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This is literally the first time we’ve ever seen this overtime format play out. Assuming every fourth down and each decision-making scenario will play out the way it did in this first overtime and using that to judge Shanahan’s choice isn’t a smart way to approach decision-making, any more than it would be to assume Mahomes is doomed to fail because he threw that interception in overtime against the Bengals in the 2021 playoffs. I’ve taken major issues with Shanahan’s conservative decision-making in the past, and I wish he’d handled the third-and-4 differently, but those are different conversations from choosing to be Team 1 or Team 2 in overtime.

Without being caught up in the mystique, the simplest way for Shanahan to weigh things would have been to consider two key factors. Would it be worse for him to send a tired defense back on the field after it had just run around during an 11-play two-minute drill, or to give Mahomes an extra play to work with if the Chiefs needed a touchdown to tie the game? Without knowing how things actually panned out, I can see an argument for both sides. I might lean more toward being Team 2 than I did the night of the decision, but there’s not a clear and obvious correct answer.

As for what teams should do in the future, given how close each relative option is in terms of expected win rate, I would guess the soft factors related to each individual game probably play a significant role in determining what the best decision would look like.

If I won the coin toss, I’d want to be Team 1 and get the ball first in a low-scoring game. The worst thing that can happen to Team 1 is a touchdown by Team 2 on the second possession of overtime, since that touchdown will either win the game or allow Team 2 to try a 2-pointer to win the game. (As I covered earlier, Team 1 could go for 2 on its opening touchdown drive, but that’s a negative-EV idea.)

If Team 1 feels confident it can either match a field goal or hold Team 2 scoreless, take the opening possession and it will likely reap the benefits of that incredibly valuable third possession. There’s also a decent chance the team ends up getting one more possession than the opposing team if overtime extends deep into the second quarter of overtime. We can’t guarantee that what happened in regulation will continue to play out in overtime, but if a team has a great defense or thinks the chances of a touchdown from Team 2 on its opening drive of overtime aren’t high, going first is probably the right move.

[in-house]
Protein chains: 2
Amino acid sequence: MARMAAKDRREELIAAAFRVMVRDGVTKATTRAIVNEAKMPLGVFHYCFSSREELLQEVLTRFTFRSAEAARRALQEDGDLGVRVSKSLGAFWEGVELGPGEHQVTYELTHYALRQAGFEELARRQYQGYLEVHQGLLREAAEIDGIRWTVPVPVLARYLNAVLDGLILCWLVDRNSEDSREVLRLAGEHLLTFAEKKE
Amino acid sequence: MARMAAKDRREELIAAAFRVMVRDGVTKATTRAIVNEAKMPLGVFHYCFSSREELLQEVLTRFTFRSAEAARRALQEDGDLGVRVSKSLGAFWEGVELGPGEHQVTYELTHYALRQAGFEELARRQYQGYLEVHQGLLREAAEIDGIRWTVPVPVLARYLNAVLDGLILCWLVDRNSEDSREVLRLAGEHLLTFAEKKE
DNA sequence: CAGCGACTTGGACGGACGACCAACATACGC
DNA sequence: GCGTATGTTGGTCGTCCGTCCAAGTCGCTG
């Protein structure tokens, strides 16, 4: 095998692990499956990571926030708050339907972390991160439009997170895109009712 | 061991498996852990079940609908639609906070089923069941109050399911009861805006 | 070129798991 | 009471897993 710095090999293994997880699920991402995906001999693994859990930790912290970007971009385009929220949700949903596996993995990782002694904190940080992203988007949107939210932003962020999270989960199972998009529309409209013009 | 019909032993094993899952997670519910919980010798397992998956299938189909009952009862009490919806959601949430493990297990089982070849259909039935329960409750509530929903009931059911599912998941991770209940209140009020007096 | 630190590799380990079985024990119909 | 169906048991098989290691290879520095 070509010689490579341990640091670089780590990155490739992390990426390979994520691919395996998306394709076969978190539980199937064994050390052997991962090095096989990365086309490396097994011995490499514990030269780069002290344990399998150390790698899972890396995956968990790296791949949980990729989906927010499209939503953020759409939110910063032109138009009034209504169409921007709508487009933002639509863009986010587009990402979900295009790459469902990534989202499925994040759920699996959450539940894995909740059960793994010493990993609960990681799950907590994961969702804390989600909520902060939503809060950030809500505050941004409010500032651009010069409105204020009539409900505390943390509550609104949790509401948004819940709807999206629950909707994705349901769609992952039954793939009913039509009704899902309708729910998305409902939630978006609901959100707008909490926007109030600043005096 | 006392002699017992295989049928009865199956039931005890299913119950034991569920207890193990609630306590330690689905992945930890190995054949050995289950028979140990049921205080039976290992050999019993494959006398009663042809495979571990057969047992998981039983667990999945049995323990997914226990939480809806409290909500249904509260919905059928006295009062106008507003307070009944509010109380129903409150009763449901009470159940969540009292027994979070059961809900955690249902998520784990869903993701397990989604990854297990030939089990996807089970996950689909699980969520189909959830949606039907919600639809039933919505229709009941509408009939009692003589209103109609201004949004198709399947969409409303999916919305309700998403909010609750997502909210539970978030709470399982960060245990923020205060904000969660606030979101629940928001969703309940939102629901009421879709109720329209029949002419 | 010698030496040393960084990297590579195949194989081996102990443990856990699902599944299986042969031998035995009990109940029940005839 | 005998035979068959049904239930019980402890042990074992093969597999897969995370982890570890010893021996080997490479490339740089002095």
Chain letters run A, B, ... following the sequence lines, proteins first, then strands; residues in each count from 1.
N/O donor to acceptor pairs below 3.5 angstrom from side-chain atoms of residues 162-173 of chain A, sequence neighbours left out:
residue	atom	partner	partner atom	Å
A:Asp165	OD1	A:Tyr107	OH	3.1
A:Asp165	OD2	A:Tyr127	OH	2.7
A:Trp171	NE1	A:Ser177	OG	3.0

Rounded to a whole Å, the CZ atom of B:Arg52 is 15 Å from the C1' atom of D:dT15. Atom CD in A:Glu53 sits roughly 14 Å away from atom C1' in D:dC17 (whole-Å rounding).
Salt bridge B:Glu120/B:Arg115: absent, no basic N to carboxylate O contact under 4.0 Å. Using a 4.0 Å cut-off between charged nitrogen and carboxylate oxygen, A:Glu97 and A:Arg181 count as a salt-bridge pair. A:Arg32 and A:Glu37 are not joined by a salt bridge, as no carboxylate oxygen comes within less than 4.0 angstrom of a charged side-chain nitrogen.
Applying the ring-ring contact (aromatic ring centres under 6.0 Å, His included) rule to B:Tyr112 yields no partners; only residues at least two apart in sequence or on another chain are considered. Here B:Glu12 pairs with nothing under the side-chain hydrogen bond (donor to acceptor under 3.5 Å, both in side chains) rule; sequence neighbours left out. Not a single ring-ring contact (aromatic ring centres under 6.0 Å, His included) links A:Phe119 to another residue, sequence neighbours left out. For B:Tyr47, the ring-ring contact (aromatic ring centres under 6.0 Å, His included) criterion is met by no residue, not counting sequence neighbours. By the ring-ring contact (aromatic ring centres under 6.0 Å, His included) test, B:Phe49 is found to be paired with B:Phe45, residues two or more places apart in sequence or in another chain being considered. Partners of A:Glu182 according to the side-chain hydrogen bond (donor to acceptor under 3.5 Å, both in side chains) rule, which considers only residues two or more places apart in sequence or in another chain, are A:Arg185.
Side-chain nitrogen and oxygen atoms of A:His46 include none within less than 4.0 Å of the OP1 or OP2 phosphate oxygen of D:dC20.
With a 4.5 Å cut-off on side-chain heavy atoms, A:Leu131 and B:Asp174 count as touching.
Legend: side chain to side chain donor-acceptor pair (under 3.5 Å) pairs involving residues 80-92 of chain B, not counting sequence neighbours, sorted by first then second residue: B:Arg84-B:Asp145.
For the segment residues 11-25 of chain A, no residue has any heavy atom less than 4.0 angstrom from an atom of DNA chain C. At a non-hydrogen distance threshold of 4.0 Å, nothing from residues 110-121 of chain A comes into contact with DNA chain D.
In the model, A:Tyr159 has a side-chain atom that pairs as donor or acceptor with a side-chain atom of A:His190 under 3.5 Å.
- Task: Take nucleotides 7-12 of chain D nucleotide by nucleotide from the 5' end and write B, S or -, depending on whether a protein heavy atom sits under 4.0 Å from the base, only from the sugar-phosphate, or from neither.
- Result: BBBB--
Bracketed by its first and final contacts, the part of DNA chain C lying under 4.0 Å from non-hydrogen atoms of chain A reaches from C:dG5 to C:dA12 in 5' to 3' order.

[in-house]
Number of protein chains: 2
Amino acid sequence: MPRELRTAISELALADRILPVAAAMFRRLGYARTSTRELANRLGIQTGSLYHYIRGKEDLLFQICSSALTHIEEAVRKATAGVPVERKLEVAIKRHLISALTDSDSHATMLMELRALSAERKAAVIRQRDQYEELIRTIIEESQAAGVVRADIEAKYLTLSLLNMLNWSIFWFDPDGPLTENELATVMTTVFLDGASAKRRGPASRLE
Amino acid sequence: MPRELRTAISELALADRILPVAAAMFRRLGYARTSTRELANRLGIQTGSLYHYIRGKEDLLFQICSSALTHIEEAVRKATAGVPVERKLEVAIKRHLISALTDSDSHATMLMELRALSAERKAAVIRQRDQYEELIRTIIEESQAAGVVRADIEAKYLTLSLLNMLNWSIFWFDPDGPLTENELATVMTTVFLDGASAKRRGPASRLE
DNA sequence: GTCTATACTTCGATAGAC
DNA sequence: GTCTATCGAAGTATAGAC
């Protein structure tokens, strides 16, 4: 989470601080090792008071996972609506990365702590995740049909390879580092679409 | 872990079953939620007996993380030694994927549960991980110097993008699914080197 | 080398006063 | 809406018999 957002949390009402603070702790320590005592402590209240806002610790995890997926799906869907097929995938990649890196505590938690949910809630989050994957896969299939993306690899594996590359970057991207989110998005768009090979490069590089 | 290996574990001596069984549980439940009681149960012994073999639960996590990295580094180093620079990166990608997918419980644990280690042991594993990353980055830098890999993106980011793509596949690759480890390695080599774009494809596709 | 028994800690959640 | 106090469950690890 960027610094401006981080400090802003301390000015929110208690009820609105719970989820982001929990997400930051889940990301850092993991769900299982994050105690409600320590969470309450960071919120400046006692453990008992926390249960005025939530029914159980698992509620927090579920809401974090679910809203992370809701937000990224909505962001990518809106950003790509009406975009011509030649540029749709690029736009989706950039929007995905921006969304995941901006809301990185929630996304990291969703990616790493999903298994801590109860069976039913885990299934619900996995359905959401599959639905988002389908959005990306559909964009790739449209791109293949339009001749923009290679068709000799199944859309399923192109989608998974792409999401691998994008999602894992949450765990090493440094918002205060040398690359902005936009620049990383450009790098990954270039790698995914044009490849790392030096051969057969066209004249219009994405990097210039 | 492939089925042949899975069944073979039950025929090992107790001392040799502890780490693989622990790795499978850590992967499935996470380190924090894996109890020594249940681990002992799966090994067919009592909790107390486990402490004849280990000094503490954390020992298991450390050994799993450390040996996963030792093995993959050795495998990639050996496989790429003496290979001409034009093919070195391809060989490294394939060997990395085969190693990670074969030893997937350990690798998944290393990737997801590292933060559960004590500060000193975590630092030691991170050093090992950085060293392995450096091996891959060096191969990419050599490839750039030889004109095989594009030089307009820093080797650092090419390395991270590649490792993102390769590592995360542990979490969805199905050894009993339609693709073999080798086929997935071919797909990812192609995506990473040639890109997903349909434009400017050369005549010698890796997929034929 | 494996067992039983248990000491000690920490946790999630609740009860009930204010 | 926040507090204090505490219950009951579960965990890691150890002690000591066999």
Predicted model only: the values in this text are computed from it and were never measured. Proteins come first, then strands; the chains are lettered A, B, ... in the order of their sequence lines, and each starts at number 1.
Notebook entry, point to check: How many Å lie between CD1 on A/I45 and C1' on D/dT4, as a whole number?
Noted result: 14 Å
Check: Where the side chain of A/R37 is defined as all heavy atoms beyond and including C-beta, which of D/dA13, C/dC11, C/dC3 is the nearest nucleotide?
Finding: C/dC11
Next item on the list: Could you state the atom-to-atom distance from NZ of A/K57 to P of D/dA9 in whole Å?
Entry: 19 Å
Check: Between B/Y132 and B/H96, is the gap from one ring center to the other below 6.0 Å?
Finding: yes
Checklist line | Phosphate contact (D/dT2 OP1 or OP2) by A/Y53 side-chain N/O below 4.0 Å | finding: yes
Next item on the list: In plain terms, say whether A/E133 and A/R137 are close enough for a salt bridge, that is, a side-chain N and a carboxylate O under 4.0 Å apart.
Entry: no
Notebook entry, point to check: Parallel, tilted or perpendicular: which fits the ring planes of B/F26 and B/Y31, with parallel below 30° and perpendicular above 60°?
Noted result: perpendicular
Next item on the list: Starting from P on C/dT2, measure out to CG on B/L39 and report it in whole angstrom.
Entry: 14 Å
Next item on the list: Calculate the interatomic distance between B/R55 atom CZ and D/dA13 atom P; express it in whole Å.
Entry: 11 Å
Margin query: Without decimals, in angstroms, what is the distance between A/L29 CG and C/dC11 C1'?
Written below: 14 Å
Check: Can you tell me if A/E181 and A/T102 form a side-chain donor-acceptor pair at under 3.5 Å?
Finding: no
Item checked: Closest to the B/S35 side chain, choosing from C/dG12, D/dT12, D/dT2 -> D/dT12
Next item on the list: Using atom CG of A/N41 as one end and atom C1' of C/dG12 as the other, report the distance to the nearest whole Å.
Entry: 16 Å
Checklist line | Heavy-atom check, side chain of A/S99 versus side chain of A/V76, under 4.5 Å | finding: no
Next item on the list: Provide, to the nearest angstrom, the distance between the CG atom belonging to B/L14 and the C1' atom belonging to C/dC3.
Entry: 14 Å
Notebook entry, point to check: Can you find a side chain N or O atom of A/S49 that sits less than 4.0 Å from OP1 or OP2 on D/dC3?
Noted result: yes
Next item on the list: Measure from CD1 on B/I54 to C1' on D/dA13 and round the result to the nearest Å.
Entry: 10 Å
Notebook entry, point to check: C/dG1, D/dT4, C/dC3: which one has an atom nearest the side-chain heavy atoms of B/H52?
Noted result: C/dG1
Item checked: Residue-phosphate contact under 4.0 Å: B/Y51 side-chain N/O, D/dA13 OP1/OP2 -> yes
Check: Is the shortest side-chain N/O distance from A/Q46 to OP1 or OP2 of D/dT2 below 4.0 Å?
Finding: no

play1:26Orlovsky: Shanahan gave away control of the game in OT

Dan Orlovsky discusses Kyle Shanahan and the 49ers’ decision to take the ball first in overtime.

On the other hand, I’d want to be Team 2 and get the ball second in a high-scoring game or one in which I felt I had a great offense and was confident about scoring a touchdown on the second drive of overtime. Team 2 would get the benefit of knowing what it needs, which might be as little as a field goal if it stops Team 1 on the opening possession. Team 2 can control the game with a touchdown on the second possession of overtime, which will either end the game in its favor or allow it to go for 2 and win the game without ever getting Team 1 its third-possession advantage. Team 2 would spend the entire drive under the pressure of knowing one mistake can end its season, but if it has a great quarterback, getting to play the entire drive with a clear head about how to approach fourth downs is extremely valuable.

There’s one exception here. In games in which there’s bad weather with significant wind having an impact on one side of the field, I’d pick the side with the wind to my back and let the opposing team choose whether it wants the ball first. Most overtime games will end in the first quarter, giving the team with the wind a huge advantage in terms of field goal distance and field position for what might be the entirety of the extra period. That would outweigh the marginal benefit of choosing to get the ball first or second.

Given those preferences, both teams’ overtime preferences make sense. The 49ers were playing a low-scoring game and had stopped the Chiefs from producing long touchdown drives all game. The Chiefs had a quarterback they believed was unstoppable. In the end, what happened in overtime came down to execution, not the coin-flip choice.